All Saints' Day

All Saints' Day
Readers expecting a wild Halloween full of costume parties and debauchery may be surprised to learn that in Poland the ‘holiday’ is completely overshadowed by the rather sobering, sombre proceedings of November 1st and 2nd every year. Known nationally as All Saints’ Day (Dzień Wszystkich Świętych) and All Souls’ Day (Dzień Zaduszny, or Dzień Wszystkich Zmarłych) respectively, these two days of the calendar year are dedicated to prayer and paying tribute to the deceased by visiting their graves. In accordance with tradition, Catholic families all over Poland will make pilgrimages to the resting places of their relatives, tending the graves with a care that is truly touching, before laying wreaths, flowers and candles that will be kept lit throughout the length of the holiday. As night descends, the country’s graveyards are aglow with the warm light of literally thousands of flickering candles, creating an eerie, incredibly evocative atmosphere that should not be missed by anyone with a heart that still beats.

Like so many customs incorporated into Catholicism, this tradition actually has pagan roots. After All Saints’ Day was established as a holy day of obligation in 835, Saint Odilon had the bright idea in 998 of designating November 2nd as All Souls’ Day to replace the ancient Slavic tradition of ‘Dziady’. During Dziady (literally, ‘Forefathers’), the living would prepare an elaborate feast to host the souls of those who had passed, believing that on this day they were able to leave the afterlife and return to their families. Places were set at the table for the ancestors and fires were often lit on the road showing them the way to the house. A soul forgotten at Dziady would bring on bad luck. [For this reason we challenge you to find an unloved grave, however unlikely, and light a candle there.]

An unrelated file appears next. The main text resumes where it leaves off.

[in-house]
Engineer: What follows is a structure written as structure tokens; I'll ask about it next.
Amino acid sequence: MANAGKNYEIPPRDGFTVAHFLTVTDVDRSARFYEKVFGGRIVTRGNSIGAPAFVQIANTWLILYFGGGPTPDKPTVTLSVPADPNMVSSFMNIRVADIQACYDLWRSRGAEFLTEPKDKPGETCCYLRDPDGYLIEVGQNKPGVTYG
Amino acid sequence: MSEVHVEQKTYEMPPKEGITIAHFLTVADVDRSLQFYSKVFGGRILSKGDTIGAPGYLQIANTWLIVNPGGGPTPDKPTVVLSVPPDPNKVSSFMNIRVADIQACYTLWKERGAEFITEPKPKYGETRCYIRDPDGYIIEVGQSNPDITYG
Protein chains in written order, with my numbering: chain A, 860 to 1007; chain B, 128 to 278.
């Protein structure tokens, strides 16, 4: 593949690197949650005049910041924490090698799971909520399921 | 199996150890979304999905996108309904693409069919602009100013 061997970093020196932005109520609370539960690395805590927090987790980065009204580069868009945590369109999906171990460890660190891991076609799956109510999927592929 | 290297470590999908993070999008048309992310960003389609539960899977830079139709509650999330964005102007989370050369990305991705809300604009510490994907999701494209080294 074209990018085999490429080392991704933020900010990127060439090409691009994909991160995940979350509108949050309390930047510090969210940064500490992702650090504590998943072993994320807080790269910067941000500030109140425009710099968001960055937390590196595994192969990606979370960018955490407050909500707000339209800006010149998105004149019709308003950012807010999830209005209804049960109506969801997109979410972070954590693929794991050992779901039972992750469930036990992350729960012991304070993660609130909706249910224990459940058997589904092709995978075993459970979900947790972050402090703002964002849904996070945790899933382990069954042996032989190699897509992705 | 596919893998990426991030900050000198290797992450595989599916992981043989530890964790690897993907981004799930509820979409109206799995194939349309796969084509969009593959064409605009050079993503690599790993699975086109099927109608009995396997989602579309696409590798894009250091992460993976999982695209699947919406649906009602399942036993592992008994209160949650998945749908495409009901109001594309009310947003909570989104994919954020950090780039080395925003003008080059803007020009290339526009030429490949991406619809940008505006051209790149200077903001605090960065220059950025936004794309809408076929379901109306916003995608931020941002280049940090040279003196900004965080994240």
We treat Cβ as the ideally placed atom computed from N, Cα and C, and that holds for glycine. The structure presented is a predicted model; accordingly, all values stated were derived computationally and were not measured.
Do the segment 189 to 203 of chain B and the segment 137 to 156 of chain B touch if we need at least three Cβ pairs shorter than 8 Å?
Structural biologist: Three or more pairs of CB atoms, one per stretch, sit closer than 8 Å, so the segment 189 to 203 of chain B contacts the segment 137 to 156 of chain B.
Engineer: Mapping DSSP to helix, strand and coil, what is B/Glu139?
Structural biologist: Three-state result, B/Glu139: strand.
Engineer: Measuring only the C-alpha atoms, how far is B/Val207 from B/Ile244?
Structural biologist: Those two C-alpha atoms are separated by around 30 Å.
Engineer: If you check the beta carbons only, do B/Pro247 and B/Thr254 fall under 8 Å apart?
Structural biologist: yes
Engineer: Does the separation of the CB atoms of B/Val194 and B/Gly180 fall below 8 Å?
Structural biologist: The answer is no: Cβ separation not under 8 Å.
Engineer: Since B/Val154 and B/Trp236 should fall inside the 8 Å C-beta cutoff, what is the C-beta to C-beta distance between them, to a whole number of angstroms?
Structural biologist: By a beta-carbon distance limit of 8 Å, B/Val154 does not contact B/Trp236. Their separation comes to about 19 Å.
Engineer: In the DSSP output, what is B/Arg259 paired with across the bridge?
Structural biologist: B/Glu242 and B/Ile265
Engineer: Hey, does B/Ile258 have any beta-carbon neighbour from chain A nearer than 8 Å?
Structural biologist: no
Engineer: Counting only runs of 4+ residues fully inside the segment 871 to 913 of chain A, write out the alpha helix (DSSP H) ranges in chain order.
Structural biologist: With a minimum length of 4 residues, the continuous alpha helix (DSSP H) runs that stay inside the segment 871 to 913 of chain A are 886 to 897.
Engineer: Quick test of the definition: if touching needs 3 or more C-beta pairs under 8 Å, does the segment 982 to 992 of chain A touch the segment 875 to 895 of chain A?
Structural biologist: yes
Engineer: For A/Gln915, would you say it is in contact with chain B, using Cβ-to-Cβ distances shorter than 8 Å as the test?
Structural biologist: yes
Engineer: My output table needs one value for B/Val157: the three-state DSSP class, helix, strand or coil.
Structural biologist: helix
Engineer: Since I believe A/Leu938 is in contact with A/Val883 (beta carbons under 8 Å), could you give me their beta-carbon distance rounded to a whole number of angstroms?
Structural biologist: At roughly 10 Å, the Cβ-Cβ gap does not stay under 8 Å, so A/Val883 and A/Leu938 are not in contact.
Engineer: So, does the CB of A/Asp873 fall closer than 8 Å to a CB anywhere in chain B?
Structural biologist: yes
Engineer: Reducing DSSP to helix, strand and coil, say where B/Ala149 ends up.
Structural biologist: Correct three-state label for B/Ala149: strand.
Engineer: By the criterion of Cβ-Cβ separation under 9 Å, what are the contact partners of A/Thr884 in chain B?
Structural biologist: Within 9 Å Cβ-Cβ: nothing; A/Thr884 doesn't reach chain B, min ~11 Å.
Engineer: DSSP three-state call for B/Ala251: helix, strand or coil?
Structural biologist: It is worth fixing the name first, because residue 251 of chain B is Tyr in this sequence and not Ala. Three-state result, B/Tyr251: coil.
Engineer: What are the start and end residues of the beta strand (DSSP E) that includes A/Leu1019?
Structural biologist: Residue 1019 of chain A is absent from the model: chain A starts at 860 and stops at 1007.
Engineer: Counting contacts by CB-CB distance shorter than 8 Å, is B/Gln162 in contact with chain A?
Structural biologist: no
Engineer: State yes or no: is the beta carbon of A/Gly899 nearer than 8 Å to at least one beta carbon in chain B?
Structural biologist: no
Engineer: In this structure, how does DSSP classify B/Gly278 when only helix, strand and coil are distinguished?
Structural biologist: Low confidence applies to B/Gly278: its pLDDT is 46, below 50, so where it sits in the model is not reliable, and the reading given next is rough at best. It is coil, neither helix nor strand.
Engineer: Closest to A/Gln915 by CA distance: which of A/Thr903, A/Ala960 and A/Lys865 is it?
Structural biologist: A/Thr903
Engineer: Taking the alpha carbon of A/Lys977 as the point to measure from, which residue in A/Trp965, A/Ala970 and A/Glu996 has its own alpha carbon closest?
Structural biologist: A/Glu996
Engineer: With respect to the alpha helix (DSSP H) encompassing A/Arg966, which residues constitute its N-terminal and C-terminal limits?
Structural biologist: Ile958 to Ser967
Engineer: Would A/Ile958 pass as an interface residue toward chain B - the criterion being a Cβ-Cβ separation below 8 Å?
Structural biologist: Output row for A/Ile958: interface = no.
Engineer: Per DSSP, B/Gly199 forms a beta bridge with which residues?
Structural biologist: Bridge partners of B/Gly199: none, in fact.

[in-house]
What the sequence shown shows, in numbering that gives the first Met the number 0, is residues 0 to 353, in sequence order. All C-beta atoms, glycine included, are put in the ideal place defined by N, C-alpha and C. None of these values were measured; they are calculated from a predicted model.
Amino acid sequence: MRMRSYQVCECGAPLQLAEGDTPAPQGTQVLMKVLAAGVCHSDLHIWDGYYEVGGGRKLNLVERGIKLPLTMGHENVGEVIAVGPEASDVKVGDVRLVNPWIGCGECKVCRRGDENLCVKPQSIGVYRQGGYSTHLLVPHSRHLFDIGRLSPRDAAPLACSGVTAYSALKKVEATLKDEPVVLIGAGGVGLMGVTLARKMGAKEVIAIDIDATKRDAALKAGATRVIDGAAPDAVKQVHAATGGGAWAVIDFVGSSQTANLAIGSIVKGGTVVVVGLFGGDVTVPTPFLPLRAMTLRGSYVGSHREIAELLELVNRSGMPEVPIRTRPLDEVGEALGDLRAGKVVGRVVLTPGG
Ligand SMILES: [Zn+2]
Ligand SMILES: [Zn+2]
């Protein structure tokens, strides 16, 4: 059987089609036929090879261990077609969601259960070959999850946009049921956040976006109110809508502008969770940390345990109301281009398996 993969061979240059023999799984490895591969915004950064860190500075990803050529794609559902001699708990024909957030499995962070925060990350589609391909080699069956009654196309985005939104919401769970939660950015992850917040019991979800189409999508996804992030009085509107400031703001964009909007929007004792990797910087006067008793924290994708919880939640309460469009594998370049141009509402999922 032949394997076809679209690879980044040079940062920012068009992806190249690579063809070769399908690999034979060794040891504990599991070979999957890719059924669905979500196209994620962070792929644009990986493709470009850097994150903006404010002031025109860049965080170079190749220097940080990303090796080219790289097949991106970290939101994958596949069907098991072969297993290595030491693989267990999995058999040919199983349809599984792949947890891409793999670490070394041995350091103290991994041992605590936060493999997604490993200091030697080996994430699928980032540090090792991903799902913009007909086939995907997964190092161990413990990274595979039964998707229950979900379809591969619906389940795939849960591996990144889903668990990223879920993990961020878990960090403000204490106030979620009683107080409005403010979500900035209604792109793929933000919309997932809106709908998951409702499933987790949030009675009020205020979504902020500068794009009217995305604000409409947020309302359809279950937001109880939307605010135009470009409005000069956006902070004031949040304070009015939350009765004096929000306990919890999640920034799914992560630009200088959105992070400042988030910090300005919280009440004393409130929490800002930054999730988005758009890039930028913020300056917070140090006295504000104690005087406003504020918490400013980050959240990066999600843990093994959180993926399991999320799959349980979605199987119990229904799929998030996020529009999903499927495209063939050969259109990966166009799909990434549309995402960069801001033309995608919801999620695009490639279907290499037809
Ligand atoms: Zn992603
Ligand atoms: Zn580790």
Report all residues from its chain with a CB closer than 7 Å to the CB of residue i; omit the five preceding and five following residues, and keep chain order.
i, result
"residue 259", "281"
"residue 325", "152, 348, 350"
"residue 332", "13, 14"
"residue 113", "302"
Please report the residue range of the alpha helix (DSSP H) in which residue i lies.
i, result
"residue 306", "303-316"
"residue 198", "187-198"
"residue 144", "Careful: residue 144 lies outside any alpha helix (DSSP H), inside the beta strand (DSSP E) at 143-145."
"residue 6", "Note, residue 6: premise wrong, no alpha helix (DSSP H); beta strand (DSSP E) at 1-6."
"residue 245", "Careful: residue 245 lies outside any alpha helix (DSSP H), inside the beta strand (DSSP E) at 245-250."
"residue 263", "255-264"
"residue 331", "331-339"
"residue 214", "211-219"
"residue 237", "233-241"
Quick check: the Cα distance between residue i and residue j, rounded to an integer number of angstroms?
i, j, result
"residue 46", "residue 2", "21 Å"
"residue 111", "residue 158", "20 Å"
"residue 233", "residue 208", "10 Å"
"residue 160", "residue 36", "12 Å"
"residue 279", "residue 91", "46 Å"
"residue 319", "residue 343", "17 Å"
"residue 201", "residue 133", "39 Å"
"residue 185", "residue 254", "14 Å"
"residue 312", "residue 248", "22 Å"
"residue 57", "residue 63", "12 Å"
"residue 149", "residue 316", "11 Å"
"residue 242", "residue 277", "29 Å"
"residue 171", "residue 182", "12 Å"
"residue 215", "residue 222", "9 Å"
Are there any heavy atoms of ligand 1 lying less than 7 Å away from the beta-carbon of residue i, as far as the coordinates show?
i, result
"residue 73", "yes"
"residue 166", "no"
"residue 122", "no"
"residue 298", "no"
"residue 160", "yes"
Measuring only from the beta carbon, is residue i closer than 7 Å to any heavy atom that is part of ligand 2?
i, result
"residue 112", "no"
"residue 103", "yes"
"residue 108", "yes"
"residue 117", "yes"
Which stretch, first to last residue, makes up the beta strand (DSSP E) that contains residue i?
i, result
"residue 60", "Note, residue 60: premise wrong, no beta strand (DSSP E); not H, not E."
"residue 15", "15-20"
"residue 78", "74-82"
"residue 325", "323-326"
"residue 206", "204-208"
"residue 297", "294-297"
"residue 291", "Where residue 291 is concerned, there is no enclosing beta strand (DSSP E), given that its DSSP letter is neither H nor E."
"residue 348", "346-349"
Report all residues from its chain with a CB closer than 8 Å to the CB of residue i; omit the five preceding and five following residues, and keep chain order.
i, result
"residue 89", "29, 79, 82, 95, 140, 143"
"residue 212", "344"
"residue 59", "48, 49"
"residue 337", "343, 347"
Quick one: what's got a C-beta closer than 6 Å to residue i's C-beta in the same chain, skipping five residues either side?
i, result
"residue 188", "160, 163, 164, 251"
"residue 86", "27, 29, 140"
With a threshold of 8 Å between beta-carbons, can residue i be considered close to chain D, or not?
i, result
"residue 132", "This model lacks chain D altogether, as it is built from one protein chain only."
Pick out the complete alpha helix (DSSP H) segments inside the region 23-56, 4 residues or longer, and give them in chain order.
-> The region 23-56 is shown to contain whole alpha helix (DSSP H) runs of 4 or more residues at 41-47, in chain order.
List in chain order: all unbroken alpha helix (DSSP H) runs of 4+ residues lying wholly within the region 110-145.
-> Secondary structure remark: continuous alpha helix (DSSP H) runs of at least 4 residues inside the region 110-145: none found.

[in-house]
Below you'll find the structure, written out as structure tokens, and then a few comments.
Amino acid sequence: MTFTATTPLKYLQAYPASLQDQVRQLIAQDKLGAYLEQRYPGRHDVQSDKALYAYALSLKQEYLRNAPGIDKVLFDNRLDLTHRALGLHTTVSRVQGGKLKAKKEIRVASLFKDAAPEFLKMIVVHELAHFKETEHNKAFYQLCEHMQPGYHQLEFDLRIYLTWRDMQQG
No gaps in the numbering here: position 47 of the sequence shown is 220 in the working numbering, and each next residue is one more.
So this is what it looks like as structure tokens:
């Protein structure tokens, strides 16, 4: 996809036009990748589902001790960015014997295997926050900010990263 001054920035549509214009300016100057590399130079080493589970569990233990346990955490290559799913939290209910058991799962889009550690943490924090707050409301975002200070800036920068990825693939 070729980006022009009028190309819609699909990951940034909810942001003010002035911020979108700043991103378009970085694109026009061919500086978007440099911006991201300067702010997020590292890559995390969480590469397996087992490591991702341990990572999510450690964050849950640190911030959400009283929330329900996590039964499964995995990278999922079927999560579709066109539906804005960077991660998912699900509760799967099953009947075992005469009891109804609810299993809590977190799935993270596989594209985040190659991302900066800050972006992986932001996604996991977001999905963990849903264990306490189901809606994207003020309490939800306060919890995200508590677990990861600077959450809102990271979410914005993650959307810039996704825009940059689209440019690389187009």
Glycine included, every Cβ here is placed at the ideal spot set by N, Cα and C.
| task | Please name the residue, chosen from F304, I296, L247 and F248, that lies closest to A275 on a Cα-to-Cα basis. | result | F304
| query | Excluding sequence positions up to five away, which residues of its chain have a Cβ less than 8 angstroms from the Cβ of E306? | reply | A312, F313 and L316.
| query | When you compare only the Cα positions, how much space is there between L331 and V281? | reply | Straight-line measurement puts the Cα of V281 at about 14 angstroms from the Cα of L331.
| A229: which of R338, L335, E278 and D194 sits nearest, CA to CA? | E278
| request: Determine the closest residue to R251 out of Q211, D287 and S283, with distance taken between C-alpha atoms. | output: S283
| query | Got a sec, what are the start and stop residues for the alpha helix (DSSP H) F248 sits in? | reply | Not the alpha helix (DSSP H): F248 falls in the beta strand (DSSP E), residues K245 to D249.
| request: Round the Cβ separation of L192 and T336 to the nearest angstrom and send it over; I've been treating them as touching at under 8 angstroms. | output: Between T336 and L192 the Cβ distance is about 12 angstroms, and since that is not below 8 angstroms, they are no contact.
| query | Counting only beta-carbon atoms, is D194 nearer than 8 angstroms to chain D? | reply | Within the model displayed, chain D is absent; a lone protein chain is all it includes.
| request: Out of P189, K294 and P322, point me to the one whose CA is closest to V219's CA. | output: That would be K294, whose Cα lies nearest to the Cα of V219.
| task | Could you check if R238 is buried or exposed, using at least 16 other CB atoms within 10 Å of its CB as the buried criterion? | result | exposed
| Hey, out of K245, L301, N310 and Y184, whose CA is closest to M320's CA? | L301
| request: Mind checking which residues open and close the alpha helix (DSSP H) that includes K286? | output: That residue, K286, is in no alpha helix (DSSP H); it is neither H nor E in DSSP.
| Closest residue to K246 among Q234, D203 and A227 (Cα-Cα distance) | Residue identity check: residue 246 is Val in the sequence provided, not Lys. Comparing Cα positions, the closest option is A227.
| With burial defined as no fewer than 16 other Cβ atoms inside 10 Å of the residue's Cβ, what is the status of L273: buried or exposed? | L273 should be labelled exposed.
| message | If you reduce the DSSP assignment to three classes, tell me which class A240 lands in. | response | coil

As it happens, Kraków is perhaps Poland’s most evocative, 'necropolitan' city in which to witness the events. While visitors to the city may not have ancestors buried here, a trip to one of Kraków’s cemeteries during this unforgettable ceremony is, indeed, requisite. While we could wax poetic about the unearthly glow of the immense candlelight, the murmur of prayer and psalms, the subtle smells of the incense, fresh flowers and burning wax, the shades of ravens in the trees, the wet grass and mists, and the surreal duality of the supernaturally charged, yet tranquil atmosphere, we’d prefer you just experience it for yourself. Take a candle along with you.

As one of Poland’s most important public holidays, only public transportation and emergency response employees as obliged to work on November 1st (which falls on a Saturday in 2014), so don’t be surprised to find your favourite shop, restaurant or bar bolted shut. Kraków's Catholic cemeteries, in contrast, will be open until last guest, and we've listed those in the centre below so that you too can join in this inspiring tradition.


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